While they were talking, Shawna had pulled a reflective safety vest from the trunk and put it on. She took out the sample case and checked to make sure the bottles with the small scoops for sampling in them were all there and stowed properly in their clips in the molded Styrofoam. As Cynthia watched, Shawna pulled her red hip waders out of the kit bag and draped them over the edge of the trunk. Leaning against the car she unzipped and pulled off one boot then pulled on the wader. She repeated this with the other foot.

Where did you get the sexy waders Shawna?” Cynthia asked.

HunterRedWadersThey’re Hunter Ostens. They were only made in 2011 winter for distribution in England. I was over in London for a conference and I spotted them in a little fashion boot shop. They were originally £150 but because they were out of stock everywhere the shop was charging £350. They are supposed to be fashion boots so the top part is thinner waterproof material, but the bottom is the solid Hunter boots. You know I couldn’t resist a new pair of boots. I figured they’d work well today because we won’t be doing any heavy wading in mud.” Shawna fastened the straps from the top of the thigh high boots to her belt as she spoke. Because of her height the boots came almost to the top of her thighs.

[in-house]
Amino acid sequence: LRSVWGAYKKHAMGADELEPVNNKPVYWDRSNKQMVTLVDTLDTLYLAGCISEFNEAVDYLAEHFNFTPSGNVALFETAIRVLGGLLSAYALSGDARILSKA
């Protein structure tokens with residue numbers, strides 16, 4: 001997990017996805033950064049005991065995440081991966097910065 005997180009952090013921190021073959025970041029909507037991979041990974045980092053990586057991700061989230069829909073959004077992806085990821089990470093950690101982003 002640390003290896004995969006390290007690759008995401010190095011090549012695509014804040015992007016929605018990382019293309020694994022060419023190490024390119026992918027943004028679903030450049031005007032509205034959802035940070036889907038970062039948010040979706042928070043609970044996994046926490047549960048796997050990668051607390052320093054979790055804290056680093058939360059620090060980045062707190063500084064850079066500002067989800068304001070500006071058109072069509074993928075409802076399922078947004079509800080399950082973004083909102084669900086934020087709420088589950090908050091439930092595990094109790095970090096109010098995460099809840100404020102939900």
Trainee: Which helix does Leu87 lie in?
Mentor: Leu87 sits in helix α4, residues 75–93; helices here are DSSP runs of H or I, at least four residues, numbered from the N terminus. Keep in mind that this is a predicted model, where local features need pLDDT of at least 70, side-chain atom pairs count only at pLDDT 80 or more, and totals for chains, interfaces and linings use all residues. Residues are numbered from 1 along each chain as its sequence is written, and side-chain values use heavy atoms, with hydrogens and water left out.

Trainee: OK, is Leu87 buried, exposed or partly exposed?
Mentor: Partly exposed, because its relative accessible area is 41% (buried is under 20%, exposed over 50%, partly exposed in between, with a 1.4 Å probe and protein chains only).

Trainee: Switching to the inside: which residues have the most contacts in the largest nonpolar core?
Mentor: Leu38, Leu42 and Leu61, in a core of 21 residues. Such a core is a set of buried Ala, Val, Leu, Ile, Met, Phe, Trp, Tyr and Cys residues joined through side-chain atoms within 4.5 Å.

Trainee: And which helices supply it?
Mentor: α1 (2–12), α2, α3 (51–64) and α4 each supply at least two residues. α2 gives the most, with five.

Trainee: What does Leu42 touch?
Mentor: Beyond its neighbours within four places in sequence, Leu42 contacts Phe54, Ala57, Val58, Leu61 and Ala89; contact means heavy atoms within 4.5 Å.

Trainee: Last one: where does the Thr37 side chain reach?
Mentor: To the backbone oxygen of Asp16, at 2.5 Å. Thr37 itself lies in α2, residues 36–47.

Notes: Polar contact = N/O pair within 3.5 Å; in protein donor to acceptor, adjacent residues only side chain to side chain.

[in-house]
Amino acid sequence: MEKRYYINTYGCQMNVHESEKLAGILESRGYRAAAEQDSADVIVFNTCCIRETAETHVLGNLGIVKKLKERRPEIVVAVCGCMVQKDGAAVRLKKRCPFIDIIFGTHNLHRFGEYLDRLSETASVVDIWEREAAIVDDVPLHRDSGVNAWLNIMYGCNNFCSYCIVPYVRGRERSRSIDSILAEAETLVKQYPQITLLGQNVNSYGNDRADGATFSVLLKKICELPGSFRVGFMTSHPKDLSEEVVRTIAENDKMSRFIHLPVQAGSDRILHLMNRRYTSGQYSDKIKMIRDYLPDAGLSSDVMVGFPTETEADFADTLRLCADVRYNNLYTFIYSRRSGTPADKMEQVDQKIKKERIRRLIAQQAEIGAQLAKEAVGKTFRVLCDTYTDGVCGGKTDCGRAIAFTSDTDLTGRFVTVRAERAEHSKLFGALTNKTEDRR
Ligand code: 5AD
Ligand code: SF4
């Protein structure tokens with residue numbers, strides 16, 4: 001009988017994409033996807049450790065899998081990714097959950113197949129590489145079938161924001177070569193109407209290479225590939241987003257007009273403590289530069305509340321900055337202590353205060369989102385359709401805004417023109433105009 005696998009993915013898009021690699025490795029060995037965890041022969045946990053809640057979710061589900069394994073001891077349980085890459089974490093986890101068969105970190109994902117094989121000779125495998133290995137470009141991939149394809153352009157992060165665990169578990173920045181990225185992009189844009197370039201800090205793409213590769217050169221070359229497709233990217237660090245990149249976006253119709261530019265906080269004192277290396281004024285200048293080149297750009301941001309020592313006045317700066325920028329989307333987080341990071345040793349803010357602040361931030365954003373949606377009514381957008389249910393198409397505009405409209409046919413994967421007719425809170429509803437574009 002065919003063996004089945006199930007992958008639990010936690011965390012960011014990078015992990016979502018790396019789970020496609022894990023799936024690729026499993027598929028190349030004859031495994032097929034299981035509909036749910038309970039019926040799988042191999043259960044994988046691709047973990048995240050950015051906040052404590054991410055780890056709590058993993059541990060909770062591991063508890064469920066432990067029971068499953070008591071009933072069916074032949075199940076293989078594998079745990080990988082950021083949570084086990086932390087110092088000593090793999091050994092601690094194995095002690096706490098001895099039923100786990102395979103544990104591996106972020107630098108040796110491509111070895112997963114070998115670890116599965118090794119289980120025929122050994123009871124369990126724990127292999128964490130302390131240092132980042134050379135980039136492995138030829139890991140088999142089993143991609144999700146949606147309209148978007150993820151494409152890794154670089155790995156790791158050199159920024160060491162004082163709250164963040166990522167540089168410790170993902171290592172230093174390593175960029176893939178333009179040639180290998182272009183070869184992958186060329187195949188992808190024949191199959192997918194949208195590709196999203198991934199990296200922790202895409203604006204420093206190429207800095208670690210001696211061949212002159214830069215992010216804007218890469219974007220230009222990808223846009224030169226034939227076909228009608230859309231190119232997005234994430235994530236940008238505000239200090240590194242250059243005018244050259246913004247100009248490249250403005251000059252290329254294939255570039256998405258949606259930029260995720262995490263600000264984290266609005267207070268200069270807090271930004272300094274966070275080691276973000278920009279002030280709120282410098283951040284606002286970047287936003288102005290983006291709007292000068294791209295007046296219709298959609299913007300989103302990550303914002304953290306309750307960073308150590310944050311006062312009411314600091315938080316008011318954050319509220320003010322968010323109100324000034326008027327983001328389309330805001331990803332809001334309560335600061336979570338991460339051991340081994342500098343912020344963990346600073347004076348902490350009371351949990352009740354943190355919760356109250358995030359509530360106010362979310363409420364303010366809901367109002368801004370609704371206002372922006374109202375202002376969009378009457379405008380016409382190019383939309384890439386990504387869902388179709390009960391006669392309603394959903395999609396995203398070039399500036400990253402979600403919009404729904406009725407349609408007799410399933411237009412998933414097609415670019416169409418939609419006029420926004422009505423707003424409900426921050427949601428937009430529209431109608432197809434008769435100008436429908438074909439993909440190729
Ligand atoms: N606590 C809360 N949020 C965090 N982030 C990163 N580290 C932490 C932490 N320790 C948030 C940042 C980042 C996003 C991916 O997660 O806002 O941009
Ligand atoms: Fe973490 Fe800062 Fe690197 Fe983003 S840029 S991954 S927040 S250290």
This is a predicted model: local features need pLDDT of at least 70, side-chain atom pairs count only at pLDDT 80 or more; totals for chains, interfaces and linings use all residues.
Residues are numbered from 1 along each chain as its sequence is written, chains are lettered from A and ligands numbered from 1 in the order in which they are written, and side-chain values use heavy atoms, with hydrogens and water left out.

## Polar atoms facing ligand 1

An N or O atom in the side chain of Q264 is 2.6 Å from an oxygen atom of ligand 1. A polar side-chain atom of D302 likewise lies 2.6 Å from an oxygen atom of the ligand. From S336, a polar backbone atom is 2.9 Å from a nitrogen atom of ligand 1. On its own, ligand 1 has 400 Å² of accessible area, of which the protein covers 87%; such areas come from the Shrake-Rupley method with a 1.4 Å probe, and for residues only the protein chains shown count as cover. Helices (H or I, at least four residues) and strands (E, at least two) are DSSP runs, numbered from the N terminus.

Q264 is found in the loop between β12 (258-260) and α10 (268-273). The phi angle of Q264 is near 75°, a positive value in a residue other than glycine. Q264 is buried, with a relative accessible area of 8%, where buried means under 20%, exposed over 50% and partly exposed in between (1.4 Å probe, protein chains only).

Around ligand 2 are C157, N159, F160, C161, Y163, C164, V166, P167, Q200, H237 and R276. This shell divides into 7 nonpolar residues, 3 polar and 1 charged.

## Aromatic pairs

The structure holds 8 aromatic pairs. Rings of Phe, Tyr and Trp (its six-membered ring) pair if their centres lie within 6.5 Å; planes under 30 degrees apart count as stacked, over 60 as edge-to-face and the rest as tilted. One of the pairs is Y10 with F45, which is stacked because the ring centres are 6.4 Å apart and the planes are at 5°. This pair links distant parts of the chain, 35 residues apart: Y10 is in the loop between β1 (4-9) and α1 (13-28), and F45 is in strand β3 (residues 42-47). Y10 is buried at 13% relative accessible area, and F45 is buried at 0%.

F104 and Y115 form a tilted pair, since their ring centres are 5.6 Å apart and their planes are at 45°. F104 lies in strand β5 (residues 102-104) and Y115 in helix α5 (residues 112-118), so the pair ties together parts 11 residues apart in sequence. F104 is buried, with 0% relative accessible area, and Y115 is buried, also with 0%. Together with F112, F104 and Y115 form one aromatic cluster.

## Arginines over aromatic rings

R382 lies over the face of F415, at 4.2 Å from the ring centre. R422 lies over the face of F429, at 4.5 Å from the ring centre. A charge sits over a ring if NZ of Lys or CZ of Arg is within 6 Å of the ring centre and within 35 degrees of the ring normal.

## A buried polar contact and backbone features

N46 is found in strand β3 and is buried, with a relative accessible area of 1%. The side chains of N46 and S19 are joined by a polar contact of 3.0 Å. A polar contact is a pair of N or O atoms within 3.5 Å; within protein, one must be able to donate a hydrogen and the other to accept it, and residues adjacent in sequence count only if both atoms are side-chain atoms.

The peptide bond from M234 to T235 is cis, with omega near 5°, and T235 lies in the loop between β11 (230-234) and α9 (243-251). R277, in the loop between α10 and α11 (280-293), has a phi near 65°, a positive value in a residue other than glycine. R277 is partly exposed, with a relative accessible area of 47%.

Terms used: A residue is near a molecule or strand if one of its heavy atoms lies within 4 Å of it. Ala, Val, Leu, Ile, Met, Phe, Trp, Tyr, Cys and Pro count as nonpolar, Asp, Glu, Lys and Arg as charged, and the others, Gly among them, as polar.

You go put your seat back and rest Cynthia, I won’t be long. If I’m not back when you’re rested, come and find me. You have the matching Garmin Rhino GPS unit – it’ll bring you right to me.” Slipping her gloves into her back pocket and picking up the bulky sample case, Shawna waved good-bye as she strode down the path to the mud flats, her bright red boots gleaming in the sun. The Lexus beeped and the lights flashed as she pressed the remote and slipped it into her vest pocket beside the Rhino GPS unit. Cynthia climbed into the driver’s seat of her Bug parked beside Shawna’s Lexus and watched Shawna start across the mudflats. Each group had been given a separate sector to sample so they didn’t overlap. Their sector went out from the parking area and then went west to a river and then back to the lot, a pie shape. It looked like Shawna was starting at the furthest point and working her way back. Cynthia could soon only see the reflecting vest so she reclined the seat soon fell asleep.